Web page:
THE months leading up to a wedding can be a tense time for any young couple.
Squabbling over the guest list, choosing a band, agonising over whether powder blue or lilac ribbon is more suitable for the favours; the potential for dispute is endless. Why, then, deepen the dissidence by indulging in an unorthodox approach to spending quality time together?
Jennifer McMillan laughs, acknowledging the conjugal eccentricities particular to her relationship with fiance Glenn Sancroft, one which has occasionally become strained as their April wedding nears. Attacking each other with swords does little to maintain matrimonial harmony, after all.
Lest the authorities become exercised, it should be explained that the couple are members of Glasgow's Salle Rollo Fencing Club. McMillan, ranked No.2 in Scotland in the sabre class, and Sancroft, a bronze medallist in the same discipline at the 2010 Commonwealth Championships, often find themselves on the piste together during training sessions, where one misjudged thrust can ignite days of discord. "We solve a few domestic disputes and cause a few as well," McMillan says, grinning. "But we just have to get through the next few months without killing each other.
"There have been times during matches when one or both of us has just taken off our masks and said 'hang on, we can't continue' and there's been cross words said when we're on piste before. There have been times, too, when we've had to say 'right I need to fence with other people' and take a break from it."
As a means of nurturing nuptial bliss, it might be unusual but sparring with Sancroft and other male members of the club has only helped advance McMillan's career. Last weekend, the 25-year-old won the sabre class at the Scottish Open – "that was my reward for training over Christmas while other people were letting themselves go" – and will travel to London for the Beazley Cup later this month in buoyant mood having risen to 10th place in the British rankings.
Her aim for the coming campaign, though, is to make an impression on the European circuit, having had a taste of continental competition last season when she took part in World Cup events in Bologna and Antalya. The problem, as ever, is funding, with the trip to Turkey only possible thanks to a last-minute, half-board package holiday deal to a resort a mile down the road from the venue.
"Having a sponsor would make such a difference but I'm not just looking for a handout; I'd want to give something back, be it doing team-building or business days with fencing," says McMillan, who estimates it costs her around £10,000 per annum to fund her career and has designed a variety of enticing packages for prospective investors. "I'm a Scottish athlete, based in Scotland, and would be a great asset for a company and for the sport here because if I get more experience I can bring it back here and try to help other young fencers."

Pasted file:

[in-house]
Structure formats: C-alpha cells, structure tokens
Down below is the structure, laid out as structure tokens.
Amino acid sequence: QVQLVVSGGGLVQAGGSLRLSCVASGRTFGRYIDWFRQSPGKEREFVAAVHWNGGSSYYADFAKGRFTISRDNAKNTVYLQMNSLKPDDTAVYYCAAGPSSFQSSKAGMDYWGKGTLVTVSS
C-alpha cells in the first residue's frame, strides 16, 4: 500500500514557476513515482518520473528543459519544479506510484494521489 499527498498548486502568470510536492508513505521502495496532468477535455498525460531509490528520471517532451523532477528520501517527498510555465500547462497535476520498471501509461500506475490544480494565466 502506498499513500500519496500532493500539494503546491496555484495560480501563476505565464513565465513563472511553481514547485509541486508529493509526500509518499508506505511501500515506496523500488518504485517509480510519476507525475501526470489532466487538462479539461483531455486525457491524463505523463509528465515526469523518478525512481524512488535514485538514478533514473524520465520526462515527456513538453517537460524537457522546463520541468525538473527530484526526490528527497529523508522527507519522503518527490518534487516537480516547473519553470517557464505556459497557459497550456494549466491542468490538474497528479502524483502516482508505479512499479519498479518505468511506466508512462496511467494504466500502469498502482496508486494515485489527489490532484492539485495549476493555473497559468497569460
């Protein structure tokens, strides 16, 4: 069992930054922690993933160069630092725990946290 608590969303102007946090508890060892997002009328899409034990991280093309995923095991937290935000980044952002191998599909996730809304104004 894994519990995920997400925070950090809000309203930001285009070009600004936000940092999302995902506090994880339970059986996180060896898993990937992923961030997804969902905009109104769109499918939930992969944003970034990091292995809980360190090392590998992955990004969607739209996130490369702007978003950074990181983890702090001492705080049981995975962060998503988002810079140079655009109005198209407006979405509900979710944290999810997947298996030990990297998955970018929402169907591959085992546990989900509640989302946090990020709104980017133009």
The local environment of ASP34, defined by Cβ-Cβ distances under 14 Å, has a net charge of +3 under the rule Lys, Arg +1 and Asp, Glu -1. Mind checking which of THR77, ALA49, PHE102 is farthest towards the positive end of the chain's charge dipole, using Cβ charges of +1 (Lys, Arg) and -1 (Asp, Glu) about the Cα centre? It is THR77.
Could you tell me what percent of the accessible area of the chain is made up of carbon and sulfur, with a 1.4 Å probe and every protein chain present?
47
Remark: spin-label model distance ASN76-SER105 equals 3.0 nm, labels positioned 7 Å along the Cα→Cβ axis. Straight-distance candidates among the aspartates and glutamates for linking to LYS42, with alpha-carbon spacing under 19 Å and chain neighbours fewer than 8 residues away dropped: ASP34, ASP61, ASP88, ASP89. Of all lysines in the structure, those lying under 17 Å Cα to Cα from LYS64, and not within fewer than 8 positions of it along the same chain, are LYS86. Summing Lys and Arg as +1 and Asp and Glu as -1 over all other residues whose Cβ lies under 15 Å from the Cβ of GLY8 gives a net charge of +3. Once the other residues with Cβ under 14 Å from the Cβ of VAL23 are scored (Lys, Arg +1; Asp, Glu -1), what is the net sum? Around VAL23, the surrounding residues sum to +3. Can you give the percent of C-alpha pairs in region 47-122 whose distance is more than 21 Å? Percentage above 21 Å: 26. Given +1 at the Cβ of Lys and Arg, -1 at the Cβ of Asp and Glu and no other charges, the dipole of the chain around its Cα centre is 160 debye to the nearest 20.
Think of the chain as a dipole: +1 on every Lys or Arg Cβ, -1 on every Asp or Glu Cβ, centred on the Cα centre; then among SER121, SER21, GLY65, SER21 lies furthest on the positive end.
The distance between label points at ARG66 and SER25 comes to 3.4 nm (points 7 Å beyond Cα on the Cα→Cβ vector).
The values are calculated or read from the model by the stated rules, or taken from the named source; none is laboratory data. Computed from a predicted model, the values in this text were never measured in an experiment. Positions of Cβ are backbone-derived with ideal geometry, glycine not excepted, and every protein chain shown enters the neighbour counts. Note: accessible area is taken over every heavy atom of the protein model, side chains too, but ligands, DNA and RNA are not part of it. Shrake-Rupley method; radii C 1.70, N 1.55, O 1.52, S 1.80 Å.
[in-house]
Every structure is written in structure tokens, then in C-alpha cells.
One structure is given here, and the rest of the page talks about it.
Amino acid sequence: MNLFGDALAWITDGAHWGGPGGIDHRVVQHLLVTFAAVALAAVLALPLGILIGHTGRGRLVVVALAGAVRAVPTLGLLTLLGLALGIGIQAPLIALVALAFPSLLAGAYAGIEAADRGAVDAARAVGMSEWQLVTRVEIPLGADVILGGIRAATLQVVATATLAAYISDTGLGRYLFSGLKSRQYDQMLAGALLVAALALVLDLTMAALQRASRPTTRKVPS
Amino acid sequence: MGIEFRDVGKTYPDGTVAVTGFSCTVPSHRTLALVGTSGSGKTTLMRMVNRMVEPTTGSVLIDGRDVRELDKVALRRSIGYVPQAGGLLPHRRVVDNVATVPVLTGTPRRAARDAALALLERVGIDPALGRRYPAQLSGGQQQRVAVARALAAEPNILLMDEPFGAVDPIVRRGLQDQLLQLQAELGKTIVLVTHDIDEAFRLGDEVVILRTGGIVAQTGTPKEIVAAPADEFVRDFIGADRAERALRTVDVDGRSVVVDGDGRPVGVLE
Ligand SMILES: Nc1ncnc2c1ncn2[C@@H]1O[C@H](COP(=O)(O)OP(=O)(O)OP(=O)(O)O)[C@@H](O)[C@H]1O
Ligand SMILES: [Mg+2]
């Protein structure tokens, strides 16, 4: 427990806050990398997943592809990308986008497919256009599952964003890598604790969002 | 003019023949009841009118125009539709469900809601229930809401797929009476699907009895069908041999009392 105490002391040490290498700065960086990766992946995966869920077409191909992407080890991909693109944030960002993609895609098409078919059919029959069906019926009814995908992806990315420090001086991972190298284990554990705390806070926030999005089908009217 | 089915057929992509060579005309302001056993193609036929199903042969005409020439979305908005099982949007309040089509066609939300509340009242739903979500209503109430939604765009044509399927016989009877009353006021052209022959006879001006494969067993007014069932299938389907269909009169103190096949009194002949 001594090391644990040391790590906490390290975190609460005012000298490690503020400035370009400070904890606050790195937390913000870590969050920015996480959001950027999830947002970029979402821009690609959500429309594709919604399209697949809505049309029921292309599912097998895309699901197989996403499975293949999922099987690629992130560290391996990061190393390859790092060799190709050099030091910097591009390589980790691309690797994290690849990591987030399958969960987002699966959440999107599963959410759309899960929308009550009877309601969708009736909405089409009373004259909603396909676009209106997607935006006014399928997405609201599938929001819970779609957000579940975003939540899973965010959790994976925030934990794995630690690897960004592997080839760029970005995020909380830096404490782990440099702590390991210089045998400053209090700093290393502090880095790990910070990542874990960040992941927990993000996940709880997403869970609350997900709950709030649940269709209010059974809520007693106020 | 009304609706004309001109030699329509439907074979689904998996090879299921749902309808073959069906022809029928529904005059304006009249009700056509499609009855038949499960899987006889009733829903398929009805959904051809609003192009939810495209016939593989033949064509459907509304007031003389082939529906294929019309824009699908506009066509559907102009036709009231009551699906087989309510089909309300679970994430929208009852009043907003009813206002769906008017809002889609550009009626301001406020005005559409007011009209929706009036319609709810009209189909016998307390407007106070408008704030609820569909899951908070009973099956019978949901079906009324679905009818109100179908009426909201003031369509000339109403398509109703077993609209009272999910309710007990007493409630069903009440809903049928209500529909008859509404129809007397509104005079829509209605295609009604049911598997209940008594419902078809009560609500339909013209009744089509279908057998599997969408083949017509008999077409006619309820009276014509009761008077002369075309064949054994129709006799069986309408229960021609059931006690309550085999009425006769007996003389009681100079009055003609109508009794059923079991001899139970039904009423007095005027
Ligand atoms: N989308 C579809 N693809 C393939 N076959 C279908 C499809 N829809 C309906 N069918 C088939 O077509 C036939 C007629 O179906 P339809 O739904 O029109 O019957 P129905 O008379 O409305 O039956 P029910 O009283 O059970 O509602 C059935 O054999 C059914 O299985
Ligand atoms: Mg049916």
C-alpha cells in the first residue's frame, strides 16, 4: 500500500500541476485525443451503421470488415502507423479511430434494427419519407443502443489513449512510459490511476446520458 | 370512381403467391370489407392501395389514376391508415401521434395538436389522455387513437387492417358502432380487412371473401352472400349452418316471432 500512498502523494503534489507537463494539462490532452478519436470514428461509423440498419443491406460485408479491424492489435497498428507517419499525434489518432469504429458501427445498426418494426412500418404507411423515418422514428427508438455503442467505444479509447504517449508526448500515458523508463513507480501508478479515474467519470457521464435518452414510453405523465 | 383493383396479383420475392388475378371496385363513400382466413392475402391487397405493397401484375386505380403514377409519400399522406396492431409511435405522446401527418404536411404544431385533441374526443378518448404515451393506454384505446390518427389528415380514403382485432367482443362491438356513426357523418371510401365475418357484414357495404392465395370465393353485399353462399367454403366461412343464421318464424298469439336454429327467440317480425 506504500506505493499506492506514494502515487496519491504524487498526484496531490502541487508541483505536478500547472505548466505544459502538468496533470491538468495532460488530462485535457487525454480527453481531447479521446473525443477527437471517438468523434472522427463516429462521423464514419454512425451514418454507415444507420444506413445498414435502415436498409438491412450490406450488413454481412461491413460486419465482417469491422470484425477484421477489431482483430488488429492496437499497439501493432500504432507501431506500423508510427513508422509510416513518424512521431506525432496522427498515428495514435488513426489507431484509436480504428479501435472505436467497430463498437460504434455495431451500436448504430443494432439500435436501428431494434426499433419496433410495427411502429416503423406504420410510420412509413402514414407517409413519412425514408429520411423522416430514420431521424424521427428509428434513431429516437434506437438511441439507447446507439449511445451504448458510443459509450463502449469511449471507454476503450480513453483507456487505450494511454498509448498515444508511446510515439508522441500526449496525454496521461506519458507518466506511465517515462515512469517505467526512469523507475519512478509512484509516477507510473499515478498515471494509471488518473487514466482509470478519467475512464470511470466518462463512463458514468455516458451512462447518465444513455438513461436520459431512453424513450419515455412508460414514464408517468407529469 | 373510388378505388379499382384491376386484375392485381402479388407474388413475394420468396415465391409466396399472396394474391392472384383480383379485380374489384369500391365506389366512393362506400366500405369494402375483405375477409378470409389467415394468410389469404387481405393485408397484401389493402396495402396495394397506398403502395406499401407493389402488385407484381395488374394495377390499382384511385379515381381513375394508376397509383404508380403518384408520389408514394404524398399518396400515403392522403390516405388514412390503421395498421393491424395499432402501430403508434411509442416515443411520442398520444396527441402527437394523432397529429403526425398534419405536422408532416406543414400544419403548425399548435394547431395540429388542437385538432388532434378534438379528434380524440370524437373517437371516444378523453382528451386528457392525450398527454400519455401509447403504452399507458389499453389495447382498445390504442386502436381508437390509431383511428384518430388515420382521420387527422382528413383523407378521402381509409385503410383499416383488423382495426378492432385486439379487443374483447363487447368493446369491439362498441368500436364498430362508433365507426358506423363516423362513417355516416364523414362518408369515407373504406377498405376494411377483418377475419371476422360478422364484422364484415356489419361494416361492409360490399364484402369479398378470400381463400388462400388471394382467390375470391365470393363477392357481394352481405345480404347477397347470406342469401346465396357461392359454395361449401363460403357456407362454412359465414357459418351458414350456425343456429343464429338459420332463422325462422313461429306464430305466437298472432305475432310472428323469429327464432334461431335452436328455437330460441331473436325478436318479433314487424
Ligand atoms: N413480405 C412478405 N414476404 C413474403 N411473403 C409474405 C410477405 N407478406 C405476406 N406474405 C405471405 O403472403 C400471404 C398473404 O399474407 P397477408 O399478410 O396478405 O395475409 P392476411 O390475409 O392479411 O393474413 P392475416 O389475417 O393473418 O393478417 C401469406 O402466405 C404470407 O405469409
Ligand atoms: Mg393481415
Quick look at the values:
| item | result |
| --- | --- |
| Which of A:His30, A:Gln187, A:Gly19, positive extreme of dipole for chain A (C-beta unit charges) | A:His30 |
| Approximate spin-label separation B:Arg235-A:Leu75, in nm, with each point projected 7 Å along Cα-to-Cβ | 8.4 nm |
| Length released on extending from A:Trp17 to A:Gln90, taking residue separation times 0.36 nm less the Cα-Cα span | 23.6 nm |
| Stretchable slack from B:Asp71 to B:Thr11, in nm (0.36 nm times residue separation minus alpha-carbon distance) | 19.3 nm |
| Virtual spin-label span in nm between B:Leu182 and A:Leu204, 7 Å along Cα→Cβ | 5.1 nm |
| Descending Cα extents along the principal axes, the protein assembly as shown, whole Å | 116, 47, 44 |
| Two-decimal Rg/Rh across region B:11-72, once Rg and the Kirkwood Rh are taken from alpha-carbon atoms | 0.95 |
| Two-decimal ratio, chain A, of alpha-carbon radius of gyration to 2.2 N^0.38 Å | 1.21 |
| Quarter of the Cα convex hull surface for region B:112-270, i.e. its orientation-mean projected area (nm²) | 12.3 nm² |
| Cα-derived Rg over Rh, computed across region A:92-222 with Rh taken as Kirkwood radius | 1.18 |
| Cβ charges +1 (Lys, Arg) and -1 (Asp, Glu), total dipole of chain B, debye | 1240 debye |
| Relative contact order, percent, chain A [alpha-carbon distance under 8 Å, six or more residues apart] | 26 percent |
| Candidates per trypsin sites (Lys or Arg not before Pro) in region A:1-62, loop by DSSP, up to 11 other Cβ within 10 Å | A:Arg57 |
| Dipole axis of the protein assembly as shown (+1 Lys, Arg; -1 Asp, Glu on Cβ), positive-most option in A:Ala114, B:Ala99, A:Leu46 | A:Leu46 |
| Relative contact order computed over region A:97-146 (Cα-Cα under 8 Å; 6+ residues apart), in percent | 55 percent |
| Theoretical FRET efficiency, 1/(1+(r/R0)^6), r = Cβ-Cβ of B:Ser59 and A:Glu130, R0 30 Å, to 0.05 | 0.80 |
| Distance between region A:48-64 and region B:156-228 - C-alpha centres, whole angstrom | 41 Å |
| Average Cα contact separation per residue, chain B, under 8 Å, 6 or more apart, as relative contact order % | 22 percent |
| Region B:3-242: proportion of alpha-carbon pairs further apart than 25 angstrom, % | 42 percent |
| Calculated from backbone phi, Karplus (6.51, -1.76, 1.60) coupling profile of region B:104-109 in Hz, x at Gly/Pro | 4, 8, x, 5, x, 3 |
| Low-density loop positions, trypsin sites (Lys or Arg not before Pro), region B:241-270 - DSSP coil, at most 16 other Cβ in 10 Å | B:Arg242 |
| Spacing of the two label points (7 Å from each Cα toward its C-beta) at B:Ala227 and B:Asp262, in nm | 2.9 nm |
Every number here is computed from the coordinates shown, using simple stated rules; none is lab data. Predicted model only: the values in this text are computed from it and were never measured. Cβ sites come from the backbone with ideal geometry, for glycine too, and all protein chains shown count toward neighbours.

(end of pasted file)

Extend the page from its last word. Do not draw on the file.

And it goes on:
As a project executive with the government-backed Sporting Chance initiative, which aims to develop the sports economy in Scotland, McMillan appreciates the wider value her own contribution can have, but she is keen, too, to repay the investment her coaches have made in her over the past seven years.
The Denny-based Glaswegian was 18 when she was belatedly introduced to fencing by older brother Alan, who ran a club at Strathclyde University, and was soon in thrall to the sport. "There's nothing like hitting someone with a bit of metal to make you feel better," she says. "Actually, I had kind of fallen away from sport after leaving school and working for a year and I'd put on weight but I was determined that I didn't want to start university feeling like I was fat."
At that stage, fencing was nothing more than a means of staying in shape and an outlet for her competitive instincts but a three-month hiatus with a pulled hamstring made her realise how much she enjoyed it and began to consider where the sport might take her. The weakness of the women's events in Scotland, coupled with her natural athleticism, had already enabled her to emerge as a prominent figure on the student scene but by then she was hungry for more. "I had a chat with my coach and he asked where I wanted to go, so I asked him if making the national team was realistic and he said he could have me there within a year. Turned out he was right."
Given that it was also because of that same coach, David Rollo, that she met her fiance at a competition in Aberdeen, it is little wonder McMillan is so effusive in her praise. Now she just has to make sure that his insightful tutoring does not cause a more lasting domestic disagreement ahead of the wedding.